Yoga schools are as diverse as the meanings of the bracket term yoga. Within the major branches of yoga such as haṭha, lāya, rāja, jñāna, and bhakti there are many different schools and lineages, both extant and defunct. Since the late 19th century, a great number of distinct new styles of "Yoga" have been introduced by individual teachers. Some schools and traditions are occasionally referred to as yoga or yogic for their similar practices, despite having no foundation in the Indian tradition; these include Shin Shin Tōitsu-dō, and Daoyin.

Modern Hinduism and Neo-Hindu revival

The term "Yoga" has been used for various philosophies and concepts in the context of Hindu revivalism and Neo-Hindu religious and philosophical movements.

Styles of yoga as exercise

Further information: Yoga as exercise

India and other Asian countries are home to thousands of yoga schools founded over the last century to teach yoga as exercise, which unlike all earlier forms consists in large part of asanas. Below are some and their style of yoga.

Eclectic styles

Several eclectic styles, some with Western audiences, are partially based on Hatha yoga:

Yoga in other religious traditions

With the widespread reception of the concept of "Yoga" in the west, the term has also been transferred to similar systems of meditation and exercise which are not of Indian origin, mostly without global reach:


  1. ^ Nargish, Sunavala (5 February 2015). "World's oldest yoga centre still going strong". The Times of India.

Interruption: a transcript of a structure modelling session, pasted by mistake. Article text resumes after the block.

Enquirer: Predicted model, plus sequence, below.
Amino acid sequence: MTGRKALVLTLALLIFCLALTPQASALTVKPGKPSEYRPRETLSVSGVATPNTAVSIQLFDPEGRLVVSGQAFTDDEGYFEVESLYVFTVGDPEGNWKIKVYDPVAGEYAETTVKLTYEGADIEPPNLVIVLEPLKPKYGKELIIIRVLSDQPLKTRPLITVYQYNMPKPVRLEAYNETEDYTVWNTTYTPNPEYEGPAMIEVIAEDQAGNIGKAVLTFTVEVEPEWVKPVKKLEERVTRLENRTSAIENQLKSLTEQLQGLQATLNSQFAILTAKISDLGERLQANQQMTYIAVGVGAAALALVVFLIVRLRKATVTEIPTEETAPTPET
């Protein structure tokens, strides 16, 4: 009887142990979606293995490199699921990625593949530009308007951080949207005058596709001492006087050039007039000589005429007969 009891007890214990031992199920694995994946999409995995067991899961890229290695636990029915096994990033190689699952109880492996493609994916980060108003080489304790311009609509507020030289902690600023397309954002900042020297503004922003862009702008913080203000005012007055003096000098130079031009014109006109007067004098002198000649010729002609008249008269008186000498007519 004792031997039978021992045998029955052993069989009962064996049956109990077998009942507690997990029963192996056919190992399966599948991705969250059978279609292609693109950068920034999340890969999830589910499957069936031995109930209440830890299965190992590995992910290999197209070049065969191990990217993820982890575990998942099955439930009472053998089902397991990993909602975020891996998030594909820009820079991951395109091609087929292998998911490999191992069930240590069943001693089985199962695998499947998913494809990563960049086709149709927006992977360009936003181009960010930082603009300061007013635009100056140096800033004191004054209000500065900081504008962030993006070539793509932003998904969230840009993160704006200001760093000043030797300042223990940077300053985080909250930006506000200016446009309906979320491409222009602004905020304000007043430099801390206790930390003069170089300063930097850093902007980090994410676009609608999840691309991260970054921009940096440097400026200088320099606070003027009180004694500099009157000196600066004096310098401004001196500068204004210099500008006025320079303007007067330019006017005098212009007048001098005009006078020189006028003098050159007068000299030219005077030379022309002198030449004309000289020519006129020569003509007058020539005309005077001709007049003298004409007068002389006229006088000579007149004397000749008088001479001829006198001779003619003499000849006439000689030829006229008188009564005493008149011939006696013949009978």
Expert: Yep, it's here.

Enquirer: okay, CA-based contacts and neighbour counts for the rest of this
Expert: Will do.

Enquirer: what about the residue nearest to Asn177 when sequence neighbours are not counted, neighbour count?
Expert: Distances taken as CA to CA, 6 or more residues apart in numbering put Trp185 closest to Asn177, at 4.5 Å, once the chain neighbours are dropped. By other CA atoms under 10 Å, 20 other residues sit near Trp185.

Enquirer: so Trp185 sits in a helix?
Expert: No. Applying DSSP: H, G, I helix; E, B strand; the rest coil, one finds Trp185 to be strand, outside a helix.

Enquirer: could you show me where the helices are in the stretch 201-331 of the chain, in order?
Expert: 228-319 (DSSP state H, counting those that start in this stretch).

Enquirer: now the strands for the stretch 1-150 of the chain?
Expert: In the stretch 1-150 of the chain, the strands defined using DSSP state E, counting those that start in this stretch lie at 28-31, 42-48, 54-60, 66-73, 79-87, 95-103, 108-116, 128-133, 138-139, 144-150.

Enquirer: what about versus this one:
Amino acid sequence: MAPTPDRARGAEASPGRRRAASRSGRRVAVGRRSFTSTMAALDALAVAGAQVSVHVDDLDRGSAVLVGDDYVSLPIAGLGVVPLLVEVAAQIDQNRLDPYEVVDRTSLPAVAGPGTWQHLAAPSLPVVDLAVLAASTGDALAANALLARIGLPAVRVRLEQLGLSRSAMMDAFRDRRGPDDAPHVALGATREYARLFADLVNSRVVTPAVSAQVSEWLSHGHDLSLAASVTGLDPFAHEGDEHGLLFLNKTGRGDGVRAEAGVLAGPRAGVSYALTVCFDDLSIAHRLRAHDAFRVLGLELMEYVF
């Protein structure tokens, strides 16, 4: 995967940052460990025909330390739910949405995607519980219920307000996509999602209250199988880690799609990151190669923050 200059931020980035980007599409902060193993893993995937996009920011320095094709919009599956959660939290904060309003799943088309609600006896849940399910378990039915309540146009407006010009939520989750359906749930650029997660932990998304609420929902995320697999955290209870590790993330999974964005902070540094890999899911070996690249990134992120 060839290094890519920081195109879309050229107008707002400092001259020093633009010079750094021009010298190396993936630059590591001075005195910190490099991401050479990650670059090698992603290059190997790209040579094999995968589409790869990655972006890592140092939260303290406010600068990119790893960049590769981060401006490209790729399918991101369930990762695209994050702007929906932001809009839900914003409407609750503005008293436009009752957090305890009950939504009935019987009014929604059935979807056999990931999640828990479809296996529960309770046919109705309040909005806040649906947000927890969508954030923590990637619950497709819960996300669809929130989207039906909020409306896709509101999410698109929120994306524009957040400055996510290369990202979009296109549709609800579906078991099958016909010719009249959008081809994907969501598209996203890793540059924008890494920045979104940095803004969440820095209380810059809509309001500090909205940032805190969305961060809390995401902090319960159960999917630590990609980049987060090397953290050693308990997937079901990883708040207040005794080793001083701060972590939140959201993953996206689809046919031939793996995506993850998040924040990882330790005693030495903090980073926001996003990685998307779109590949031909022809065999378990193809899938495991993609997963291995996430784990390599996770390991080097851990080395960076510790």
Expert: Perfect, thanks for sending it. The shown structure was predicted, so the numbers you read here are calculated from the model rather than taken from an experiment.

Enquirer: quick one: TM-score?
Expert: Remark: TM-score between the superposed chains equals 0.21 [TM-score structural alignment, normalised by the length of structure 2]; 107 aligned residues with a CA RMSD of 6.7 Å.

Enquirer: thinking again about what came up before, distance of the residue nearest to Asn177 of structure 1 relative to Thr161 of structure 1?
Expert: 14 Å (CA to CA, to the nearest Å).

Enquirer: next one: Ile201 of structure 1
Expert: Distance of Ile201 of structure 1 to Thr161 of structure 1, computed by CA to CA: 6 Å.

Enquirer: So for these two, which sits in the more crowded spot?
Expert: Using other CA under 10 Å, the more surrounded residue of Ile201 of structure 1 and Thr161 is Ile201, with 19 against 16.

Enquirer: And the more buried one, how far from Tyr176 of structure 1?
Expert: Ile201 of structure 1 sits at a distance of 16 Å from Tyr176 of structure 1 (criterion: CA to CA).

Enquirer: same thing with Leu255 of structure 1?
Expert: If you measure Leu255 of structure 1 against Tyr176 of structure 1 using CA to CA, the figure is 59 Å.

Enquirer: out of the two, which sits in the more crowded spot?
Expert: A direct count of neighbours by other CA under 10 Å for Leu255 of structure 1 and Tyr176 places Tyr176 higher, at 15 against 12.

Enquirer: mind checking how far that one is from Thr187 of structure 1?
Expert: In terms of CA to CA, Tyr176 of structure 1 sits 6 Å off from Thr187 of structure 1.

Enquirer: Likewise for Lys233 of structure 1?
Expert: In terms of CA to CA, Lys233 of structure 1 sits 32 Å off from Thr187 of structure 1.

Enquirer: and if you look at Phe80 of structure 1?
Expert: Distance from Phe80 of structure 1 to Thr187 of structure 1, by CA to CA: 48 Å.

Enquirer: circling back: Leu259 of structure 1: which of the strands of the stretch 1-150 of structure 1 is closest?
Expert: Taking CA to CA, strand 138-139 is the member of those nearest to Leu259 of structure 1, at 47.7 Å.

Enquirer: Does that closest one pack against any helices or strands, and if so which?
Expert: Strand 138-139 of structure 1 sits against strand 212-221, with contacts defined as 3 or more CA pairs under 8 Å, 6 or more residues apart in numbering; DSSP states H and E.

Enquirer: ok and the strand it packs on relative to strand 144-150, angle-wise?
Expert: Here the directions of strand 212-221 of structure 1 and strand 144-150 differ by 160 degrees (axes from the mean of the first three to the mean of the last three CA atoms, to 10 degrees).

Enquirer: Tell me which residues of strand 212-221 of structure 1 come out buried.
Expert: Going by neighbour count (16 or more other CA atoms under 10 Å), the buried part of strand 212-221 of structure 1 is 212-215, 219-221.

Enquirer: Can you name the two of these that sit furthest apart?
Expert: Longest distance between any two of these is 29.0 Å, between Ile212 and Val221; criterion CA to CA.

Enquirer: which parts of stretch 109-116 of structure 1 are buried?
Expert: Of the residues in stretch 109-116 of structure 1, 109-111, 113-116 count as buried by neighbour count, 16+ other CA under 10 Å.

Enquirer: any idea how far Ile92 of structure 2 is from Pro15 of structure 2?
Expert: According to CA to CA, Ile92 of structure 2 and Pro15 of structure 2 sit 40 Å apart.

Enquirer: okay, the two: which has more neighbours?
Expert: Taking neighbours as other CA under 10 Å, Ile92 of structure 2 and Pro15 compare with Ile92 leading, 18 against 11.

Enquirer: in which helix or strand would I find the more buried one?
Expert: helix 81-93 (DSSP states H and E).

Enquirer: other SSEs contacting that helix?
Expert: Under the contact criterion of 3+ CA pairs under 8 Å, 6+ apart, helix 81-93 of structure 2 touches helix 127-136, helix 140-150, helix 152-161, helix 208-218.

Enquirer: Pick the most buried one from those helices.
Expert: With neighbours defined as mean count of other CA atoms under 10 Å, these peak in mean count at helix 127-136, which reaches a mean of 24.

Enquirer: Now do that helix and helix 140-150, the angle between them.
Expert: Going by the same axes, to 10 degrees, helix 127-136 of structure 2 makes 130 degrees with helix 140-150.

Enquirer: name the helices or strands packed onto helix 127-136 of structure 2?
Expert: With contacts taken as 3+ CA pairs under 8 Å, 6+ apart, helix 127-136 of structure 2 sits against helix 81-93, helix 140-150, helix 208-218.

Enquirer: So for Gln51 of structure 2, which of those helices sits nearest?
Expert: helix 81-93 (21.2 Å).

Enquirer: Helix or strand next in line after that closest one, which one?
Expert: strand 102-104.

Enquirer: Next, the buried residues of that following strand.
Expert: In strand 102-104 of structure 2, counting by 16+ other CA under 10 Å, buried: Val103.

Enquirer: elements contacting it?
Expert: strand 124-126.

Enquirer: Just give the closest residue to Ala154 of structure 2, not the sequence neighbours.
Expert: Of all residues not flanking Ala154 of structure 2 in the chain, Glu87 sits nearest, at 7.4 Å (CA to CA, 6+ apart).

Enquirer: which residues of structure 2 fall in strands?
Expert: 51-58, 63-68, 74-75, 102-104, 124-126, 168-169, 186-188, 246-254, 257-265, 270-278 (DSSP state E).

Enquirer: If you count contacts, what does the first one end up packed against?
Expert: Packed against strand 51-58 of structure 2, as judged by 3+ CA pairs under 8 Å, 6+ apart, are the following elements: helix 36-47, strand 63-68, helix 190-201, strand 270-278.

2. ^ "Agni Yoga". Archived from the original on 23 October 2018.
  3. ^ "When Being a Yogi Had an Exotic Air". The New York Times. 10 October 2014. Retrieved 7 July 2017.
  4. ^ O'Connor, June (2005). "Aurobindo Ghose". In Jones, Lindsey (ed.). MacMillan Encyclopedia of Religions. Macmillan Publishers. p. 634.
  5. ^ "H. H. Sri Swami Sivananda Saraswati". Divine Life Society. 2011. Retrieved 25 August 2019.
  6. ^ "Bihar School of Yoga". Archived from the original on 2015-07-21.
  7. ^ "Ananda Marga". Retrieved 5 March 2022.
  8. ^ Rooney, Ben (6 February 2008). "Maharishi Mahesh Yogi, guru to Beatles, dies". The Daily Telegraph. London.
  9. ^ Syman, Stefanie (2010). The Subtle Body: The Story of Yoga in America. New York: Farrar, Straus, and Giroux. pp. 268-279. ISBN 978-0-374-23676-2.
  10. ^ "Our Teaching Legacy". Himalayan Institute. 15 September 2016. Retrieved 5 March 2022.
  11. ^ "Swami Muktananda". SYDA Foundation. Retrieved 5 March 2022.
  12. ^ Jones, Lindsey, ed. (2005). "Sahaja Yoga". Encyclopedia of Religion (2nd ed.). Detroit: Macmillan. ISBN 978-0-02-865997-8.
  13. ^ "Sri Sri Ravi Shankar". The Indian Express. 22 November 2018. Retrieved 17 December 2018.
  14. ^ "The Ashram Mount Eliza: Swami Shankarananda - Meditation and Yoga". The Ashram Mount Eliza. Retrieved 5 March 2022.
  15. ^ Walters, J. (1967). Ananda yoga for higher awareness. Nevada City, California: Crystal Clarity Publishers. ISBN 978-1-56589-078-7. OCLC 41846560.
  16. ^ a b c d e f g h Anon (13 November 2012). "Which Yoga is Right for You?". Yoga Journal. Retrieved 1 June 2019.
  17. ^ Mishra, Dipak (29 July 2015). "City of yoga remembers biggest fan". Telegraph India. Archived from the original on August 8, 2015.
  18. ^ "Teacher Spotlight: Paulie Zink The founding master of Yin yoga". Conference Connection. Yoga Journal. March 2009. Retrieved February 12, 2013.
  19. ^ "Iconic Bay Area Yoga Teacher Dies / Yoga Buzz / Yoga Blog / Yoga Journal". 2 March 2011. Retrieved 4 March 2022.
  20. ^ "The most powerful Indians in 2009: 80–84". Indian Express. 9 March 2009. Archived from the original on 28 January 2011. Retrieved 25 January 2011.
  21. ^ "Power Yoga". Yoga Journal. Retrieved 28 April 2019. The original Power Yoga was developed and founded by Beryl Bender Birch, but is now a term used to describe many vigorous vinyasa styles.
  22. ^ Pizer, Anne. "Power Yoga". Retrieved 7 February 2013.
  23. ^ Swartz, Mimi (21 July 2010). "The Yoga Mogul". The New York Times.